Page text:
from Maelzel’s performing automaton (and which anticipate Searle’s man-
computer transmitting “meaningless symbols” that look like chess moves
to the spectators outside the sealed room). At the same time, the earlier
version’s admission of the “dissimilarity [which] always exists between the
germ and the fruit” of a compositional idea is replaced in “The Philosophy
of Composition” with a desire to show in detail how a work “attained its
ultimate point of completion” through rational control rather than through
the “fine frenzy” of “inspiration.”

In finding new use for earlier published material to be presented before
a larger audience, Poe’s showman-like instincts tend toward the concealment
of the “vacillating crudities” of earlier trials through the claim that
he has composed “The Raven” with the “precision and rigid consequence
of a mathematical problem.” Rather than dismissing this last claim as a
piece of strident hyperbole, we should read it against Poe’s (1984b [1836]:
1255) earlier assessment of Babbage’s calculating engine: “The question
to be solved proceeds, or should proceed, to its final determination, by a
succession of unerring steps liable to no change, and subject to no modification.”
So if the lesson in logic Poe dramatized in the Maelzel essay was
that one ought to make inferences based on observation alone (rather than
beginning, like Mr. Blackwood and Babbage, with axiomatic premises),
then in “The Philosophy of Composition” that insight is reversed so that
Poe can turn his own process of composition into something like the working
out of a “mathematical problem.” All of this puts Poe “in a position
directly analogous to that of the exhibitor of the chess-playing automaton”
(Tresch 1997: 289), only here he’s reversed the logic earlier used to debunk
the machine as a hoax—that predetermined calculations could never be
enough to get a machine to win at chess—in order to create his desired
effect of having composed “The Raven” in accordance with rules postulated
in the first place.

Following the precedent of Maelzel to the end, Poe thus perpetrates a
hoax. Like Maelzel narrowly masking the sound of a hidden chess master’s
sneeze with a crank of ersatz clockwork, Poe (1984d [1846]: 17) divines his
starting point a posteriori:

I betook myself to ordinary induction, with the view of obtaining some artistic
piquancy which might serve me as a key-note in the construction of the
poem. . . . I did not fail to perceive immediately that no one [artistic effect]
had been so universally employed as that of the refrain. The universality of
its employment sufficed to assure me of its intrinsic value, and spared me the
necessity of submitting it to analysis.

“Ordinary induction” is here illusorily raised to the level of a “universal”
rule, but the fact that such a posteriori inferences are always open to
revision, and so cannot serve as immutable universals, in no way makes
Poe’s constraint of “commencing with the consideration of an effect”
inconsistent with his overall compositional practice. For the sleight of hand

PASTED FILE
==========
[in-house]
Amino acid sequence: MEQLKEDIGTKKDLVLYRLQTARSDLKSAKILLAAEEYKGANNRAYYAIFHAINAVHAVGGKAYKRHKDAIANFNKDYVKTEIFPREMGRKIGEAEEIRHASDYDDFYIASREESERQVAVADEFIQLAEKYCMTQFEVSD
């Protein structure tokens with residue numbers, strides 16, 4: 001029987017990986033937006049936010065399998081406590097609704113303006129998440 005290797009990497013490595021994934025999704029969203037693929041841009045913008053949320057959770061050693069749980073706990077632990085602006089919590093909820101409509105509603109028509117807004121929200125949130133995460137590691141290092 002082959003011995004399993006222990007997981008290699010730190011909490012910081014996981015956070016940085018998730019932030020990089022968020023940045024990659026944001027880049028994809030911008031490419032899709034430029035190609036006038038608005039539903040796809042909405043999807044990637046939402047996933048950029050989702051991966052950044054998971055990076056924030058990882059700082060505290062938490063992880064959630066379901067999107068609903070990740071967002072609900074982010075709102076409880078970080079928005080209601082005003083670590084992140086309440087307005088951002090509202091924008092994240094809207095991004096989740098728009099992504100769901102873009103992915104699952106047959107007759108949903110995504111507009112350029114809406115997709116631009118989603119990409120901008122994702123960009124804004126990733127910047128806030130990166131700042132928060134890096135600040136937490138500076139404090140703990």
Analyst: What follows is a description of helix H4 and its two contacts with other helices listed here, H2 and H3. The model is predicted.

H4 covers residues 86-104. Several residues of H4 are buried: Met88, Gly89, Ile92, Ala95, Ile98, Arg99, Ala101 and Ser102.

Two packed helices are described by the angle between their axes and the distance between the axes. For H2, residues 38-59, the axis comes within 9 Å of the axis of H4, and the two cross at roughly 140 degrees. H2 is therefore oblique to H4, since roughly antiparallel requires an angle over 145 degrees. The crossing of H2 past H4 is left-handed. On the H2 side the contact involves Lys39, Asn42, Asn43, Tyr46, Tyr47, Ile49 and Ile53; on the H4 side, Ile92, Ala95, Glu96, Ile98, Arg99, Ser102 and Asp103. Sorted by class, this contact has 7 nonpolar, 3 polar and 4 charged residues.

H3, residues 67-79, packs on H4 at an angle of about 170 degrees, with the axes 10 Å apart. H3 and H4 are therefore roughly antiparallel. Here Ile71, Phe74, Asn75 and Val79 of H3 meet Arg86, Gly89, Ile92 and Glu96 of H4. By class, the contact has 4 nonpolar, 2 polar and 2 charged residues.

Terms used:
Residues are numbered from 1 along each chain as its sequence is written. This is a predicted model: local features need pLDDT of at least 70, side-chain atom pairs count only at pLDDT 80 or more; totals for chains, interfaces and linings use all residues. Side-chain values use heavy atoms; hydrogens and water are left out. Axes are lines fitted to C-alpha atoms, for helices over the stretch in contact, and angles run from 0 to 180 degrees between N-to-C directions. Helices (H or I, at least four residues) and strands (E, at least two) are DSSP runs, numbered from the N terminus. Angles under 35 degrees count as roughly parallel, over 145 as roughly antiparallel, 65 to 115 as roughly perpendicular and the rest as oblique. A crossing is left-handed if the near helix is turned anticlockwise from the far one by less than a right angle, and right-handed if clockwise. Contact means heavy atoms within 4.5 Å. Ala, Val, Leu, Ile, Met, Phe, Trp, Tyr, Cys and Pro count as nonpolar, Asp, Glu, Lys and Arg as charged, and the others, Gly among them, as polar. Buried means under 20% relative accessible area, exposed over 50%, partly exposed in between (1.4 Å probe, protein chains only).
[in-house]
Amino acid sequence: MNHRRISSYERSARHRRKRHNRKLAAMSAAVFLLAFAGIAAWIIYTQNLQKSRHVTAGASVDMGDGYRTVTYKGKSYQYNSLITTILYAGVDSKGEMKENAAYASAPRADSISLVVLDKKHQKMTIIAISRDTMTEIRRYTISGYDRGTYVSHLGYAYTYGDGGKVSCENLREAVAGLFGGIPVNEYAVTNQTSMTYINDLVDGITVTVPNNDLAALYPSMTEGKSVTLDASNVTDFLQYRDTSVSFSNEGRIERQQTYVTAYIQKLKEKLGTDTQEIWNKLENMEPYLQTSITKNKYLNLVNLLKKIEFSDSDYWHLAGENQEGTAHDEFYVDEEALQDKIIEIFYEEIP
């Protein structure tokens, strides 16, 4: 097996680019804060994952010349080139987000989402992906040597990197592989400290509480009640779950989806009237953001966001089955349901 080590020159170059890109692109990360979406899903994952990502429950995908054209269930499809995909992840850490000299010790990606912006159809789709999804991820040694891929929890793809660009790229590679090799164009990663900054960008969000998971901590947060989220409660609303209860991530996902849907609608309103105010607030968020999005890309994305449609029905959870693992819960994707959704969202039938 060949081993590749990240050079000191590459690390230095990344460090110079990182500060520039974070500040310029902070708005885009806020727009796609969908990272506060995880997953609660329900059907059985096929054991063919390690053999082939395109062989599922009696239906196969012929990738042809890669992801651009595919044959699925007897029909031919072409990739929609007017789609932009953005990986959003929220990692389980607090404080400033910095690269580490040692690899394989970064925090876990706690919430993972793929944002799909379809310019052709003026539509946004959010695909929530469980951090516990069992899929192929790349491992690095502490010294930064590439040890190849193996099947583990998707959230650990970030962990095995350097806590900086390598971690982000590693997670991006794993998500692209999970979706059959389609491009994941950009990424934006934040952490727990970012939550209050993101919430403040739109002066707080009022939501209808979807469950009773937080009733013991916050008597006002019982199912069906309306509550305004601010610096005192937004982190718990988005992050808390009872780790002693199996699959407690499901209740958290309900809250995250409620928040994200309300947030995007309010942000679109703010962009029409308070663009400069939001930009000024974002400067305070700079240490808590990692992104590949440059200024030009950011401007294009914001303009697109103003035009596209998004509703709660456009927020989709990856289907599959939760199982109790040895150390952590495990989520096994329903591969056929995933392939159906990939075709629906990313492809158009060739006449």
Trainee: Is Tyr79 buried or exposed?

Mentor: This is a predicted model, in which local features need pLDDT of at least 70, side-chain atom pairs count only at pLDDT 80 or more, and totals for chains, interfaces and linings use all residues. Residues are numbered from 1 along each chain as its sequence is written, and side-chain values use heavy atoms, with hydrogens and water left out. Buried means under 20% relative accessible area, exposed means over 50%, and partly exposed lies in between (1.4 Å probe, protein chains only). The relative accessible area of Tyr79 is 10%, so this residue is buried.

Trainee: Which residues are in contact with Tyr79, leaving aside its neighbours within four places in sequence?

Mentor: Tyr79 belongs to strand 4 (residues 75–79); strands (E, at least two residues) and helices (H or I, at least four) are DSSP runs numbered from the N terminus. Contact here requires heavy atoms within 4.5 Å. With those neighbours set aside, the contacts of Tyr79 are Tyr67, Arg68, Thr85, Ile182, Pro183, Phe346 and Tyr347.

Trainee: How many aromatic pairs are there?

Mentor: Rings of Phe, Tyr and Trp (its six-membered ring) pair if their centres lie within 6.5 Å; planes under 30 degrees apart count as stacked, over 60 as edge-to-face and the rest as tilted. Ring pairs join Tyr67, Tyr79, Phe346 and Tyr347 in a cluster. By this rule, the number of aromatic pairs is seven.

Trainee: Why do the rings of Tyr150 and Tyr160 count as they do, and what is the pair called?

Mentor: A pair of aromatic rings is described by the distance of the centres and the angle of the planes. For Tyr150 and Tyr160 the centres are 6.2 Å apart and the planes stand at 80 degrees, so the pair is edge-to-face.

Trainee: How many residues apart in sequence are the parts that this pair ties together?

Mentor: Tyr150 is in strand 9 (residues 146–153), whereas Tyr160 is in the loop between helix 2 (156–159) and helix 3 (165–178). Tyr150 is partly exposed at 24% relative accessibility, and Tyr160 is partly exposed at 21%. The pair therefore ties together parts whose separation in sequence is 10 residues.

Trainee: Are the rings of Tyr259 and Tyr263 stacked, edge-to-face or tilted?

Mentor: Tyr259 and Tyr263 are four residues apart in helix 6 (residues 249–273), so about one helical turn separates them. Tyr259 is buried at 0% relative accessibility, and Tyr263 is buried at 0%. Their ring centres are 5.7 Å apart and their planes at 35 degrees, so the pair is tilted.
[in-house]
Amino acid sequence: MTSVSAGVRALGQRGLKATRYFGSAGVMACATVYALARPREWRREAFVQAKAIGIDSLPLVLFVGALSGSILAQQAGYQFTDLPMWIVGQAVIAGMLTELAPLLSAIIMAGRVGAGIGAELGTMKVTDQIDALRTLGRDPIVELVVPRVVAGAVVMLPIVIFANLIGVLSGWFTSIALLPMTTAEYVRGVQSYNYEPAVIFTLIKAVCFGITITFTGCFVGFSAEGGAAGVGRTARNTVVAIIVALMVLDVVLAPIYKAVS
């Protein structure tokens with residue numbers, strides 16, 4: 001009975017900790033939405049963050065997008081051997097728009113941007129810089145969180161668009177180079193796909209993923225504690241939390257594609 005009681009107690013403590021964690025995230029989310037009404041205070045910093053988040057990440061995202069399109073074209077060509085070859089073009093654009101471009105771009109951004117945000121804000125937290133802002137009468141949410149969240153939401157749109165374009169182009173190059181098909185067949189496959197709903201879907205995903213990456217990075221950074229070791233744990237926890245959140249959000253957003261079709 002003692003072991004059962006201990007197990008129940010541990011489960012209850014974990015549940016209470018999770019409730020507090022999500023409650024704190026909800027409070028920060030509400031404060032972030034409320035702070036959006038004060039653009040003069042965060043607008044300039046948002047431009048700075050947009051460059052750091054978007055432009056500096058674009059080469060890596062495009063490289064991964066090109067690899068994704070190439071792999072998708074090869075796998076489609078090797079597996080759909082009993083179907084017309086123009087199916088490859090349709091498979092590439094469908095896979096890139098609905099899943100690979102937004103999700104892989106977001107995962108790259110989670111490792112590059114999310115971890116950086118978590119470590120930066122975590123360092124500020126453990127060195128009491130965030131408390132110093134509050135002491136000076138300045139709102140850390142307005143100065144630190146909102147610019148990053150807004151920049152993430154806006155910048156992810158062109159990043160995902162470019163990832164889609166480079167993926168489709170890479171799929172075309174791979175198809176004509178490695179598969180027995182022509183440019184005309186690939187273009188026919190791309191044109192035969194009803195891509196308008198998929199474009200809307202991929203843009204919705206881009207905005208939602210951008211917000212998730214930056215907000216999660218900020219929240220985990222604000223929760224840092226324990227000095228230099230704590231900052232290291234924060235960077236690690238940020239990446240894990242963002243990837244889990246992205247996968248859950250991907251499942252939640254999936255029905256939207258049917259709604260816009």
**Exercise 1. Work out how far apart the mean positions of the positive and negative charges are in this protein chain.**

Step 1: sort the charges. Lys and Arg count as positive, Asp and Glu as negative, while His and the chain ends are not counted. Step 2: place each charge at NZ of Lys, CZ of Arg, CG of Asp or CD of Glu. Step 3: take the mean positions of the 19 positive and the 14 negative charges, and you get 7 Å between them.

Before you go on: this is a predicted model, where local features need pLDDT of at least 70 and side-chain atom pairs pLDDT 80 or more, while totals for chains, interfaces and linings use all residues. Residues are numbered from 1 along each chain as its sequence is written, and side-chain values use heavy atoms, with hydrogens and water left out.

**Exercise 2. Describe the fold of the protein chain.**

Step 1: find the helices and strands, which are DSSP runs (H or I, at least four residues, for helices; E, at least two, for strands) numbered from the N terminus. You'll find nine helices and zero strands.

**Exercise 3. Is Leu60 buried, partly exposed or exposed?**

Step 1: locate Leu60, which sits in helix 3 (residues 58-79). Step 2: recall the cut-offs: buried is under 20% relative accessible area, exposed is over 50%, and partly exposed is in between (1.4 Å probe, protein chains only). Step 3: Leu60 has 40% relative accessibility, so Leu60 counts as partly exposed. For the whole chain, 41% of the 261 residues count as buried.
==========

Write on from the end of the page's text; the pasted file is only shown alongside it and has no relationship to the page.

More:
by which an ordinary induction is elevated to the status of a timeless axiom
is precisely the effect Poe hopes to create for the audience of “The Philosophy
of Composition.” Just as Poe invokes a Babbage-like determinism to
conceal the chain of writing experiments that have led up to this essay, so
here he consolidates and makes explicit that effect in turning an “ordinary
induction” into a “universal” rule. And just as Maelzel opens the front of
the cabinet box and rotates it 360° on its iron castors to assure his audience
that no person is concealed within it, only to allow the chess master
crouched inside to shift in sync with mechanically contrived partitions, so
Poe will show us the “wheels and pinions” that churned out “The Raven”
while dramatically unveiling its “commencement” after the fact.

Poe’s description of the individual steps by which he composed “The
Raven” shows this reversal of constraint at work so as to foreground the
precedent of Maelzel’s machine (and of Poe’s prescient prefiguring of more
recent debates in artificial intelligence) in yet another way. If an algorithm
is “a mechanical procedure for solving a problem in a finite number of
steps” (Nelson 2008: 7), then Poe (1984d [1846]: 14) echoes this definition
in describing how he wrote his poem “step by step,” in accordance with
an algorithm that might look something like this:

1. Intend to compose a poem that should suit at once the critical and the
popular taste.
2. Conceive the proper length of the poem.
3. Design the poem in accordance with the universal rule that Beauty is
the sole legitimate province of the poem.
4. Select the tone of the poem in accordance with the rule that melancholy
is the most legitimate of poetic tones.
5. Use the device of the refrain in the poem.
6. Apply the refrain throughout the poem.
7. Select the phoneme ‘or’ as a sound for the refrain.
8. Select ‘Nevermore’ as a word embodying this sound.
9. Select a raven as a non-reasoning creature capable of uttering the
refrain.
10. Select the death of a beautiful woman as the most melancholy topic